Ireland is my favourite spot in the world. Having been there eight times and explored the four corners of the Emerald Island it was astonishing to see seven athletes from Ireland march in the opening ceremonies a week ago.
The Winter Olympics and Ireland are about as incongruous as the Toronto Maple Leafs and a Stanley Cup championship in the past 35 years. Was there some sort of secret Irish winter wonderland yet to be discovered?
Well, upon further inspection it turns out that of the seven Ireland athletes, five compete in bobsleigh. That is not surprising since athletes from Bermuda, Jamaica and Argentina participate in bobsleigh. Still, the other two athletes are alpine skiers.
How does one grow up in Ireland and finish 53rd overall in the men's downhill? That's what happened last Sunday to Irishman Paul Patrick Schwarzacher-Joyce. Even though he finished more than 15 seconds behind eventual winner Fritz Strobl, Schwarzacher-Joyce received the loudest cheer of the day when he completed his run at Snowbasin.
The 29-year-old fell halfway down the two-mile course, but somehow got back on his skis, stayed inside the gates on the course and sped through the finish line to a hero's welcome.
"I was just happy that I had made it down in one piece," he said. "It was quite bumpy and I must have caught an inside edge. I fell sideways, but luckily didn't miss a gate.
"I couldn't give up in a race like this - there was no way I was going to stop.
"And it was worth it for that steep finish into that superb atmosphere."
Born in London, his mom is from Dublin but his dad is Austrian. He trains and works during the winter in St Anton.
More interesting is Schwarzacher-Joyce's affiliation with the Ski Club of Ireland. It was founded in 1963 and a few years later ran its first slope in Knockrabo in Mount Anville, Goatstown, south Co. Dublin. In the mid 1970's the Club moved from the suburbs to its current location in Kilternan, about 45 minutes south of Dublin. Dublin and the area rarely get snow.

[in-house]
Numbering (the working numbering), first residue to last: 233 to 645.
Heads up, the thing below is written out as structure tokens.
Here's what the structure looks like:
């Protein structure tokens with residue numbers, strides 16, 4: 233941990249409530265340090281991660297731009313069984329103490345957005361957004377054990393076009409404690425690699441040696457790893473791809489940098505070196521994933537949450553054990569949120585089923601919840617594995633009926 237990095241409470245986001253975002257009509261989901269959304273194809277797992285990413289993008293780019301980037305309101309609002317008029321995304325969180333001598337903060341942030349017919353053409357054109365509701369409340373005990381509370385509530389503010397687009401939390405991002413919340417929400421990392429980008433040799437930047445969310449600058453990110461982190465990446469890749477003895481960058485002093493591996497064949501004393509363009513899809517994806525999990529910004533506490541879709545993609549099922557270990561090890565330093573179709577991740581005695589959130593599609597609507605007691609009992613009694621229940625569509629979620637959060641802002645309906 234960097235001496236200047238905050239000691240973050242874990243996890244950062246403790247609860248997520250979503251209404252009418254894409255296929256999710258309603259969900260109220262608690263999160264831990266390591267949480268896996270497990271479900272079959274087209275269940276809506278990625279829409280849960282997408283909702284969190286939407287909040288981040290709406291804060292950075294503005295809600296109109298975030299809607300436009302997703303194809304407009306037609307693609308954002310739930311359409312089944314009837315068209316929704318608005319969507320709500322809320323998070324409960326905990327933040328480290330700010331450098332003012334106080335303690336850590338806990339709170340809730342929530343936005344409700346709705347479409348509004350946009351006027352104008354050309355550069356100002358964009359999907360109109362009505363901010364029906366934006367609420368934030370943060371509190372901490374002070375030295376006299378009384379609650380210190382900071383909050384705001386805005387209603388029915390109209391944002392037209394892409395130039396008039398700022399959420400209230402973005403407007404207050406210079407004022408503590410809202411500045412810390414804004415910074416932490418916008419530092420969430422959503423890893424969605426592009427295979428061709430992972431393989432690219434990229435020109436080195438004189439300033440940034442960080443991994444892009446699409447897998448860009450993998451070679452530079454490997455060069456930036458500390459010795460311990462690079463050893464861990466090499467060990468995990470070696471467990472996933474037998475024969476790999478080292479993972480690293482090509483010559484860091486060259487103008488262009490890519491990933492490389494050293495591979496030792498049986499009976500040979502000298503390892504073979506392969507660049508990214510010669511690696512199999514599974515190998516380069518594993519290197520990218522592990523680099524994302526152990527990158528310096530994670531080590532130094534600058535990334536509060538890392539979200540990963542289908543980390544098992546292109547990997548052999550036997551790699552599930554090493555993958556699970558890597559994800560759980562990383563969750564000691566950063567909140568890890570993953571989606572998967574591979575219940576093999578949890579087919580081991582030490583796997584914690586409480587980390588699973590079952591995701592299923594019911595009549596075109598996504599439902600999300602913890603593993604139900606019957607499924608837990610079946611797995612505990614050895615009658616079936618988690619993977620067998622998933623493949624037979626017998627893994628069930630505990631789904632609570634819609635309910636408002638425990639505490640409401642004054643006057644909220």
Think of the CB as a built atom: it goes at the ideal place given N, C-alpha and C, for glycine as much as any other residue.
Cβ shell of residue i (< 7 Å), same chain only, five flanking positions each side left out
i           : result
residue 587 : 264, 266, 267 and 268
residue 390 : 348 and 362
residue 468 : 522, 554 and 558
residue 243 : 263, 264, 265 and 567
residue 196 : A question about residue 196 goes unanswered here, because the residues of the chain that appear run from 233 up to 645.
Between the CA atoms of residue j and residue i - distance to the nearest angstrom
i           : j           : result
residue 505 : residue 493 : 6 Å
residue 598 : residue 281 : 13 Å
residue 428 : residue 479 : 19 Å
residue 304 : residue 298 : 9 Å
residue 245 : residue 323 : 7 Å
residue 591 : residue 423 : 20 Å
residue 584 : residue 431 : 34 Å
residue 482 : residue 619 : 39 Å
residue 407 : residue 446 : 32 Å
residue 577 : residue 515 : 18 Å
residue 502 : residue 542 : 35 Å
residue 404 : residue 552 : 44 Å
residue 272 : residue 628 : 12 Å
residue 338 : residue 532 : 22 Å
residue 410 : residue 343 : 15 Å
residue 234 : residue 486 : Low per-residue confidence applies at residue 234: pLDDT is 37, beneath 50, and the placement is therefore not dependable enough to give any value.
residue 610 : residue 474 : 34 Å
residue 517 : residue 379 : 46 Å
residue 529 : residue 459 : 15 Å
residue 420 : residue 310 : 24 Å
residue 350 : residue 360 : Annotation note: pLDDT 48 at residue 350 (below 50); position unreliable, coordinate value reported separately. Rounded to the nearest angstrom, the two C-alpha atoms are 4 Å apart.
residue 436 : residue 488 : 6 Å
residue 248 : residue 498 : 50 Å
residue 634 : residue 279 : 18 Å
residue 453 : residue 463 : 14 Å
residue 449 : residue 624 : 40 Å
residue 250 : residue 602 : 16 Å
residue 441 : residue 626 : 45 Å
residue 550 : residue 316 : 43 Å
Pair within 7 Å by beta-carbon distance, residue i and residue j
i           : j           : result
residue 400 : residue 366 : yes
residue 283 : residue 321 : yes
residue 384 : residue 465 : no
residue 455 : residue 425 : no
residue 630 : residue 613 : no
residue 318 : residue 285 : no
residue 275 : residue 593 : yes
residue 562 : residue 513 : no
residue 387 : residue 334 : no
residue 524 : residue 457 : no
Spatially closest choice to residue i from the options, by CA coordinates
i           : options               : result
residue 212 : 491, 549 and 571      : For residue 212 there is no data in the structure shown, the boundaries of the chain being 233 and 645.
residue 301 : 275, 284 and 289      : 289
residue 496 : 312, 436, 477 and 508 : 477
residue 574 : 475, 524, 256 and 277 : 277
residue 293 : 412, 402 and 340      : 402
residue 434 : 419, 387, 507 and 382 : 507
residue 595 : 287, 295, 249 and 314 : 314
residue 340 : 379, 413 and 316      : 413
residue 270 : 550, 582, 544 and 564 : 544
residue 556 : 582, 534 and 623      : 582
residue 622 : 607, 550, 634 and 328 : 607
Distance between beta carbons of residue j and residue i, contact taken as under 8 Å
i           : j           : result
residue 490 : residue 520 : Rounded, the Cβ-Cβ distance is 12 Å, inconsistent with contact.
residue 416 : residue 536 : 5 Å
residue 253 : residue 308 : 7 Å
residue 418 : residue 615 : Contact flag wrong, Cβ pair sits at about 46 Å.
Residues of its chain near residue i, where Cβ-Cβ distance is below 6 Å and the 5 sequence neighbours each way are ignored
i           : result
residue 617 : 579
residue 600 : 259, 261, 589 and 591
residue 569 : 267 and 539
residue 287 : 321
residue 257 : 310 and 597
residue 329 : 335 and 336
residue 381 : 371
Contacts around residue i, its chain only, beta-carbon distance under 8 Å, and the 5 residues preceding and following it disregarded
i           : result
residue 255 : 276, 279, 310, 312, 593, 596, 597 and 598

But the Ski Club, upgraded in 1992, consists of what is called dry slopes. A misting lubrication system allows year round skiing and snowboarding on a fast, flowing surface. The skiing surface consists of upturned plastic brushing, called Dendix, the middle and main slopes are lubricated by a water system, which operates intermittently and reduces the friction factor.
The main slope is 180 metres long. Even though Schwarzacher's trains in continental Europe, he is proud of his affiliation to the Ski Club of Ireland and undeniably loyal to his Gaelic roots.
"I am very proud to represent Ireland at a competition like this," he said. "After all, there are so many Americans here with Irish connections.
"Back in Ireland, my sister had got some friends together to watch the race in a pub called The Roost.
"And I may allow myself a Guinness or two tonight as well."
Sounds like a grand idea.